FIG. 10 illustrates an example configuration of the computing device 102 of FIG. 1 that can be used to implement the systems and techniques described herein. The computing device 102 may include one or more processors 1002 (e.g., the CPU 106 and the GPU 104 of FIG. 1), the memory 138, communication interfaces 1006, the display devices 124(1) and 124(2), other input/output (I/O) devices 1010, and one or more mass storage devices 1012, configured to communicate with each other, such as via one or more system buses 1014 or other suitable connection. While a single bus is illustrated for ease of understanding, it should be understood that the system buses 1014 may include multiple buses, such as memory device buses, storage device buses, power buses, video signal buses, and the like.

The processors 1002 are one or more hardware devices that may include a single processing unit or a number of processing units, all of which may include single or multiple computing units or multiple cores. The processors 1002 may include an integrated GPU or the GPU a separate processor device. The processors 1002 may be implemented as one or more microprocessors, microcomputers, microcontrollers, digital signal processors, central processing units, graphics processing units, state machines, logic circuitries, and/or any devices that manipulate signals based on operational instructions. Among other capabilities, the processors 1002 may be configured to fetch and execute computer-readable instructions stored in the memory 138, mass storage devices 1012, or other computer-readable media.

Memory 138 and mass storage devices 1012 are examples of non-transitory computer media (e.g., memory storage devices) for storing instructions that can be executed by the processors 1002 to perform the various functions described herein. For example, memory 138 may include both volatile memory and non-volatile memory (e.g., RAM, ROM, or the like) devices. Further, mass storage devices 1012 may include hard disk drives, solid-state drives, removable media, including external and removable drives, memory cards, flash memory, floppy disks, optical disks (e.g., CD, DVD), a storage array, a network attached storage, a storage area network, or the like. Both memory 138 and mass storage devices 1012 may be collectively referred to as memory or computer storage media herein, and may be a media capable of storing computer-readable, processor-executable program instructions as computer program code that can be executed by the processor 1002 as a particular machine configured for carrying out the operations and functions described in the implementations herein.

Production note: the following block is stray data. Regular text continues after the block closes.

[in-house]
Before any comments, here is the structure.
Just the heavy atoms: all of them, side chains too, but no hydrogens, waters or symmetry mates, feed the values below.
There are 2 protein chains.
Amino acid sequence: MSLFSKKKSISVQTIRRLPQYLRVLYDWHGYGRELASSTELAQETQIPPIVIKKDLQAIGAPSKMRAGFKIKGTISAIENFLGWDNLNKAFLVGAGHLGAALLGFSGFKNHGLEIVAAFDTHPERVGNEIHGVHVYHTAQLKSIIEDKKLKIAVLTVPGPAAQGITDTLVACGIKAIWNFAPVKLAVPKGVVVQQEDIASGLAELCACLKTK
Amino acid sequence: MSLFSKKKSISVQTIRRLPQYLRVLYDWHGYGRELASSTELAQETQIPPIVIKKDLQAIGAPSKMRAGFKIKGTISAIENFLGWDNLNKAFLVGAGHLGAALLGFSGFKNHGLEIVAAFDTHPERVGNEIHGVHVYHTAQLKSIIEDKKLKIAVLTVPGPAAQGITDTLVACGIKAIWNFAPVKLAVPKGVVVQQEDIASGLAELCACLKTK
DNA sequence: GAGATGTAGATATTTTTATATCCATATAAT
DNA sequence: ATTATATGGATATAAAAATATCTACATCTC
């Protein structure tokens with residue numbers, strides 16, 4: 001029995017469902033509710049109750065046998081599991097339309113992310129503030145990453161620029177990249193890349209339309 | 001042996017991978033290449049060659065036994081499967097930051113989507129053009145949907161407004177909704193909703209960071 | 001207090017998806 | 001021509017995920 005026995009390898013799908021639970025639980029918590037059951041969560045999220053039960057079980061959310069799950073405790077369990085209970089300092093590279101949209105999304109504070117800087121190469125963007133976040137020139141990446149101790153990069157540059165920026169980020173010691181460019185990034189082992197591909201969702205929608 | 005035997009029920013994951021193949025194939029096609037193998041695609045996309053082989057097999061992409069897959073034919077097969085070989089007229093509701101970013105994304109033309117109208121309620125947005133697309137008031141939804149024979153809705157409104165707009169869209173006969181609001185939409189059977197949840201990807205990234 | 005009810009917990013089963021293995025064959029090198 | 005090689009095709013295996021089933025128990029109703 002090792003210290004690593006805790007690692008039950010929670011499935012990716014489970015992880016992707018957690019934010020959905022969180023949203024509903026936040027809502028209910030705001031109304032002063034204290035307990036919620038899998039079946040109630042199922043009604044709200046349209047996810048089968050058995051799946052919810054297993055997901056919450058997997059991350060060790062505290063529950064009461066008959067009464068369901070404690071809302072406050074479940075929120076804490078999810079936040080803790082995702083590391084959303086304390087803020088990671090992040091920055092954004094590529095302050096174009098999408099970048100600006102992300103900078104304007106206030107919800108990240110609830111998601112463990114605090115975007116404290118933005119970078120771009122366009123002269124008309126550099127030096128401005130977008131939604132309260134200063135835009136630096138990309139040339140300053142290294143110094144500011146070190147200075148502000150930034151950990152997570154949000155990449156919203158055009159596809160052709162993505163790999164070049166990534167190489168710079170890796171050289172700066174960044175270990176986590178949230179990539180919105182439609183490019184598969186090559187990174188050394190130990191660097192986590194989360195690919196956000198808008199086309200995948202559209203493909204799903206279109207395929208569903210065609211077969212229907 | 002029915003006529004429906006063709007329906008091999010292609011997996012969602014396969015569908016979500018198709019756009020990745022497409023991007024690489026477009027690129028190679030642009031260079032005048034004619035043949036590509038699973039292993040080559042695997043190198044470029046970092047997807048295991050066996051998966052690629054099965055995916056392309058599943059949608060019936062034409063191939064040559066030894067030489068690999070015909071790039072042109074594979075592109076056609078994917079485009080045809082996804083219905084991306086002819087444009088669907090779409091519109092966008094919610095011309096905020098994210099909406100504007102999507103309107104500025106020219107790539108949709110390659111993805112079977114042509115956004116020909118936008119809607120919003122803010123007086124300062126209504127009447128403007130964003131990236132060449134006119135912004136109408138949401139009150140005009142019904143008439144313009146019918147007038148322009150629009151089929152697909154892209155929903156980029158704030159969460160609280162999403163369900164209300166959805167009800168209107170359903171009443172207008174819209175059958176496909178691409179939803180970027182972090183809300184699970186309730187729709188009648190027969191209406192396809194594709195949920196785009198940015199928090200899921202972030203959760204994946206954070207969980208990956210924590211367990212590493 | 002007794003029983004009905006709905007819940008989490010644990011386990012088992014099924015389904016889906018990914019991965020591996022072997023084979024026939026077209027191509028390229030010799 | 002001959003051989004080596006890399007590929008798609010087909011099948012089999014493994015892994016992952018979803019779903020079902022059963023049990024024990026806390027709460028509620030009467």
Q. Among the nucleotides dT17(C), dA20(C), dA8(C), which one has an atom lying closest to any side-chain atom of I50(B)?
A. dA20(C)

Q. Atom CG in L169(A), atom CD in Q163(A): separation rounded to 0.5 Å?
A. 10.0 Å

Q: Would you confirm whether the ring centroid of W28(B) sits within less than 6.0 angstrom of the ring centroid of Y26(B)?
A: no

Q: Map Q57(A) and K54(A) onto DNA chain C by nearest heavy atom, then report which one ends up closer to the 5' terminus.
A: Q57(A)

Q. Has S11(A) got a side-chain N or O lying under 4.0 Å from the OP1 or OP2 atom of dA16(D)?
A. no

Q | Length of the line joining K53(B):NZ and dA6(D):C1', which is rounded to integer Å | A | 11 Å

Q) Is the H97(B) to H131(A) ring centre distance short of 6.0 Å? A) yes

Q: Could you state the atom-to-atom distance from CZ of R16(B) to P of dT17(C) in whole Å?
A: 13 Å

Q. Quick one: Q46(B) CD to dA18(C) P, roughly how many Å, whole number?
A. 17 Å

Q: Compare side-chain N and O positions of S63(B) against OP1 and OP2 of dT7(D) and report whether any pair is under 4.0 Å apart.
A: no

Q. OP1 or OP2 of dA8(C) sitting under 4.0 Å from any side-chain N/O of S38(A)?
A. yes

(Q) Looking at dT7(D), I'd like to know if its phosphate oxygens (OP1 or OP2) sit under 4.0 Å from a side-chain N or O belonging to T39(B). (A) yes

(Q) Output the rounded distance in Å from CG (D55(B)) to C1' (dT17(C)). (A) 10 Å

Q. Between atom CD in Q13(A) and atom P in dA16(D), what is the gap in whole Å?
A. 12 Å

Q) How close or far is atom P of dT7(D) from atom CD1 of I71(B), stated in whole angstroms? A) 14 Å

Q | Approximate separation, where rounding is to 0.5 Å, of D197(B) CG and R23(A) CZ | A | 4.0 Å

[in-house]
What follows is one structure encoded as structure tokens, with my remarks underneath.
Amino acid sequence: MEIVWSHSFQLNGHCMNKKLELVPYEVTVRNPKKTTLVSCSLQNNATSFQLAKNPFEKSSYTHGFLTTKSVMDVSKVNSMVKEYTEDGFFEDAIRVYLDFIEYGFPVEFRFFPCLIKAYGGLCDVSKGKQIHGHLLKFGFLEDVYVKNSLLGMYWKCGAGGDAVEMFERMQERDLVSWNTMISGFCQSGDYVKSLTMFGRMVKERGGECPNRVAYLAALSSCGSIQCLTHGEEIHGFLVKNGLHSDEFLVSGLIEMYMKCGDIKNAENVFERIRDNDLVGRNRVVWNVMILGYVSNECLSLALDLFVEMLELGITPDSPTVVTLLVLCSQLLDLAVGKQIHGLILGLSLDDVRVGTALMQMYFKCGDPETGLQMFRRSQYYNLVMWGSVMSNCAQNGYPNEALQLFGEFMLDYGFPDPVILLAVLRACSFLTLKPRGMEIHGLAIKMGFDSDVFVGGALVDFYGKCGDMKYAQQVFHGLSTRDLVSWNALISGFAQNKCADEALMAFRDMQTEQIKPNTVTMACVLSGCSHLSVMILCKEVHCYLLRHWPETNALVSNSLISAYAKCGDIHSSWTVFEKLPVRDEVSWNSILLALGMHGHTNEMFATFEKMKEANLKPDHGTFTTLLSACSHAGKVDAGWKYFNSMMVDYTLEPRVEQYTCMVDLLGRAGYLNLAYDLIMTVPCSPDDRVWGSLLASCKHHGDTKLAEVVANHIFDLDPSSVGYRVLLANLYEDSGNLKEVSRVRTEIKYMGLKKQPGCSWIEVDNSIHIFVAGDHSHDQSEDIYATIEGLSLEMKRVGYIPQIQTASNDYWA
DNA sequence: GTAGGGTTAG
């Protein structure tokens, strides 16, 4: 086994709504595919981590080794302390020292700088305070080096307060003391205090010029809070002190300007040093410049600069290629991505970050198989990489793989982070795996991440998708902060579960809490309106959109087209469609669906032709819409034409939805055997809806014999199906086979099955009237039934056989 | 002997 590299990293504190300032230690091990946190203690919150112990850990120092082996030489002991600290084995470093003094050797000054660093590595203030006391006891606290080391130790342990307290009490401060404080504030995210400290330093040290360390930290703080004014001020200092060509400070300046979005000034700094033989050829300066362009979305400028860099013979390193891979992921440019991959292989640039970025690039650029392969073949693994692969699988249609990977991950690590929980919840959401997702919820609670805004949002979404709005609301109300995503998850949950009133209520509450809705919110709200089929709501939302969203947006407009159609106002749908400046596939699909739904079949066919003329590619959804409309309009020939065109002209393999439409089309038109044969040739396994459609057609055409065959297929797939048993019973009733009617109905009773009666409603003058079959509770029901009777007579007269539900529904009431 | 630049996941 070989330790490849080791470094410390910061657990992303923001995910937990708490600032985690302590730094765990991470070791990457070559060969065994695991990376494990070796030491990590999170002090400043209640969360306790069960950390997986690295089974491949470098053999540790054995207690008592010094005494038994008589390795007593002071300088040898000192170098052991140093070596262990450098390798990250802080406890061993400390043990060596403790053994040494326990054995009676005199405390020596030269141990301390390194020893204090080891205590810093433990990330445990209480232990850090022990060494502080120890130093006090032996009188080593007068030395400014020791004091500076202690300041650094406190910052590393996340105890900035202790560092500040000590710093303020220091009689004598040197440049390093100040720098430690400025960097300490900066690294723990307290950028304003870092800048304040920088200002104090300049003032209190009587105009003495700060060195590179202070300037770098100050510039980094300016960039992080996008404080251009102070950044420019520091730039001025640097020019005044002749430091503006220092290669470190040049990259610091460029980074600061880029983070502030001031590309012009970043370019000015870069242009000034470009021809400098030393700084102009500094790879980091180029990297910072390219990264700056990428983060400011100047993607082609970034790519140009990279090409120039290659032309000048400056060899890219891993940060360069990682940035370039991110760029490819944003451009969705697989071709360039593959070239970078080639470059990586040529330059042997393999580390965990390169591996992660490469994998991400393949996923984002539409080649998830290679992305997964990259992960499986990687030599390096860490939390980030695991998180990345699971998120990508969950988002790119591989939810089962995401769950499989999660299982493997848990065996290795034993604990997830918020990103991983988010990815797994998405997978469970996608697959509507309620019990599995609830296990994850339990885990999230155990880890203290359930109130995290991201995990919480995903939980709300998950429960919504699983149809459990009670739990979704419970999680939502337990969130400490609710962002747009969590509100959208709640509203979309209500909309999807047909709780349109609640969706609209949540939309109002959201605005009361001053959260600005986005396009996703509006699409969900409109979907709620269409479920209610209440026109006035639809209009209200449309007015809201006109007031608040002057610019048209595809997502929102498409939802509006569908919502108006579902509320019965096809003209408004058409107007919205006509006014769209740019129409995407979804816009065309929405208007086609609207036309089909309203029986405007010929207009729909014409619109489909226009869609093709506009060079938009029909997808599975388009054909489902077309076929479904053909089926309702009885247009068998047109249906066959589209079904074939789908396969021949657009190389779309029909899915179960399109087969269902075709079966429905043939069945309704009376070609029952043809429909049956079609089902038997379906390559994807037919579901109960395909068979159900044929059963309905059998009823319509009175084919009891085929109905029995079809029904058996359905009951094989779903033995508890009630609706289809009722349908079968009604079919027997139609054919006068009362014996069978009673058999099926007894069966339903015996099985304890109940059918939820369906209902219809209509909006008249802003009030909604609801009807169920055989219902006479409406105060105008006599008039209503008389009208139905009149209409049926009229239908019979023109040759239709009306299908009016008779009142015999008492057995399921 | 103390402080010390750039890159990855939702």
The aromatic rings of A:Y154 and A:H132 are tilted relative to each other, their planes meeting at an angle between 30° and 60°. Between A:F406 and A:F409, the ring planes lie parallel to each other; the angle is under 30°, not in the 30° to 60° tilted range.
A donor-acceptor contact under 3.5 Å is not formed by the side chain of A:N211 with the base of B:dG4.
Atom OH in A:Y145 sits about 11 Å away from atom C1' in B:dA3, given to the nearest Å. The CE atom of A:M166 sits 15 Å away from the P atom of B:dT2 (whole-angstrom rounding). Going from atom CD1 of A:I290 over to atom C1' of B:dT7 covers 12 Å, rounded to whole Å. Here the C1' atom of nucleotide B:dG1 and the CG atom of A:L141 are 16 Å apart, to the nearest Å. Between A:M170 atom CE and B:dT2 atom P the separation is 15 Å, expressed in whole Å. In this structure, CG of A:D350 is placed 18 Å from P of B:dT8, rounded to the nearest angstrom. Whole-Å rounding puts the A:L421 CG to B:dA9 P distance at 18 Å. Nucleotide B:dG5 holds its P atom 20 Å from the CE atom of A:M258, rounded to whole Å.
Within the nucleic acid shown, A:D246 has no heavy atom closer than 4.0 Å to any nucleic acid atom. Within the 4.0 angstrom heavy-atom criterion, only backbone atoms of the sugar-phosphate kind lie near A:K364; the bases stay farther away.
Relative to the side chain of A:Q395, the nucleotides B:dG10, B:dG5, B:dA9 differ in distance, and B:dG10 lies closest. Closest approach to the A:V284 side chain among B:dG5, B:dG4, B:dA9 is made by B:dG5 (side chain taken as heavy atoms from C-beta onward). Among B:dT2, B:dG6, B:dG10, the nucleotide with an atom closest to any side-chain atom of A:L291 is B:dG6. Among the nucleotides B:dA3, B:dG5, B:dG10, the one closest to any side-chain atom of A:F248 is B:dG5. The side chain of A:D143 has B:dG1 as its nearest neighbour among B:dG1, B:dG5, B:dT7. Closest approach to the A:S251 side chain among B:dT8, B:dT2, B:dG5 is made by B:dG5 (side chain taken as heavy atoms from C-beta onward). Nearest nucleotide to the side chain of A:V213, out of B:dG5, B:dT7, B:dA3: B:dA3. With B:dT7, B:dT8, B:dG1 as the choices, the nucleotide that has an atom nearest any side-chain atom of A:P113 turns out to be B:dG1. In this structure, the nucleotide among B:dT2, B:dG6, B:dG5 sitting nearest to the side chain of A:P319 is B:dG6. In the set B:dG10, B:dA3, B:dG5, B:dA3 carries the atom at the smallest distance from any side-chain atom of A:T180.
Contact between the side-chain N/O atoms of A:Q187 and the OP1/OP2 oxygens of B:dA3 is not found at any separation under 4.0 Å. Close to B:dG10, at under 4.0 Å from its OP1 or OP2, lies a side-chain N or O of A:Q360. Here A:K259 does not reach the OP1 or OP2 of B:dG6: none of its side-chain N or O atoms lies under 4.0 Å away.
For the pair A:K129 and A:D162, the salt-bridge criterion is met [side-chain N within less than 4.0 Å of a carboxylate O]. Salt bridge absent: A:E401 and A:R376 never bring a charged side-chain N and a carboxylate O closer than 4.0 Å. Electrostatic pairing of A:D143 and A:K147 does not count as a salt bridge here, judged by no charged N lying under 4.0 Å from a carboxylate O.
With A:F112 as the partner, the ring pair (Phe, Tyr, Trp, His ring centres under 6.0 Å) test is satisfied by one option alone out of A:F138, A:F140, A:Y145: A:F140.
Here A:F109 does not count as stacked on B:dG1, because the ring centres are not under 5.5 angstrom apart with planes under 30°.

The computing device 102 may also include one or more communication interfaces 1006 for exchanging data via a network. The communication interfaces 1006 can facilitate communications within a wide variety of networks and protocol types, including wired networks (e.g., Ethernet, DOCSIS, DSL, Fiber, USB etc.) and wireless networks (e.g., WLAN, GSM, CDMA, 802.11, Bluetooth, Wireless USB, cellular, satellite, etc.), the Internet and the like. Communication interfaces 1006 can also provide communication with external storage (not shown), such as in a storage array, network attached storage, storage area network, or the like. The display devices 124(1) and 124(2) may be connected to each other using a hinge (e.g., the hinge 206 of FIG. 2) that enables each display device to rotate relative to the other display device. The display devices 124 may be used for displaying information and images to users. Other I/O devices 1010 may be devices that receive various inputs from a user and provide various outputs to the user, and may include a keyboard, a remote controller, a mouse, a printer, audio input/output devices, and so forth.

The computer storage media, such as memory 138 and mass storage devices 1012, may be used to store software and data. For example, the computer storage media may be used to store the operating system 132, the device driver 130, and the data 136(1) to 136(N). The operating system 132 may be set to a particular display mode 1016. For example, the operating system 132 may have a default display mode and a user may set the display mode 1016 to something different than the default display mode. The display mode 1016 may be one of (1) an extended display mode (e.g., see FIG. 7), (2) a single display mode (e.g., see FIG. 6), or (3) a clone mode (e.g., see FIG. 5). The computer storage media may store an orientation 1018, one or more software applications 1020, content 1022, modified content 1026, and other content 1028. The controller 126 may determine the orientation 1018 of the computing device 102 based on the data 136(1) to 136(N) provided by one or more of the operating system 132, the device driver 130, or the sensors 134. The software applications 1020 (e.g., the content 140(1) or 140(2) of FIG. 1) may include a word processing application, a spreadsheet application, and the like. The content 1022 may be audio content, video content, streaming content, or another type of content. In some cases, the content 1022 may include DRM 1024 while in other cases the content 1022 may be unprotected (e.g., no DRM protection). The modified content 1026 may be created by rotating the content 1022 between approximately 0 degrees and approximately 360 degrees. For example, in some cases, the content may be rotated to the right (clockwise) or to the left (counter-clockwise) in 90 degree increments (e.g., 90 degrees, 180 degrees, or 270 degrees). The amount of rotation may be based on the orientation 1028 of the computing device 102.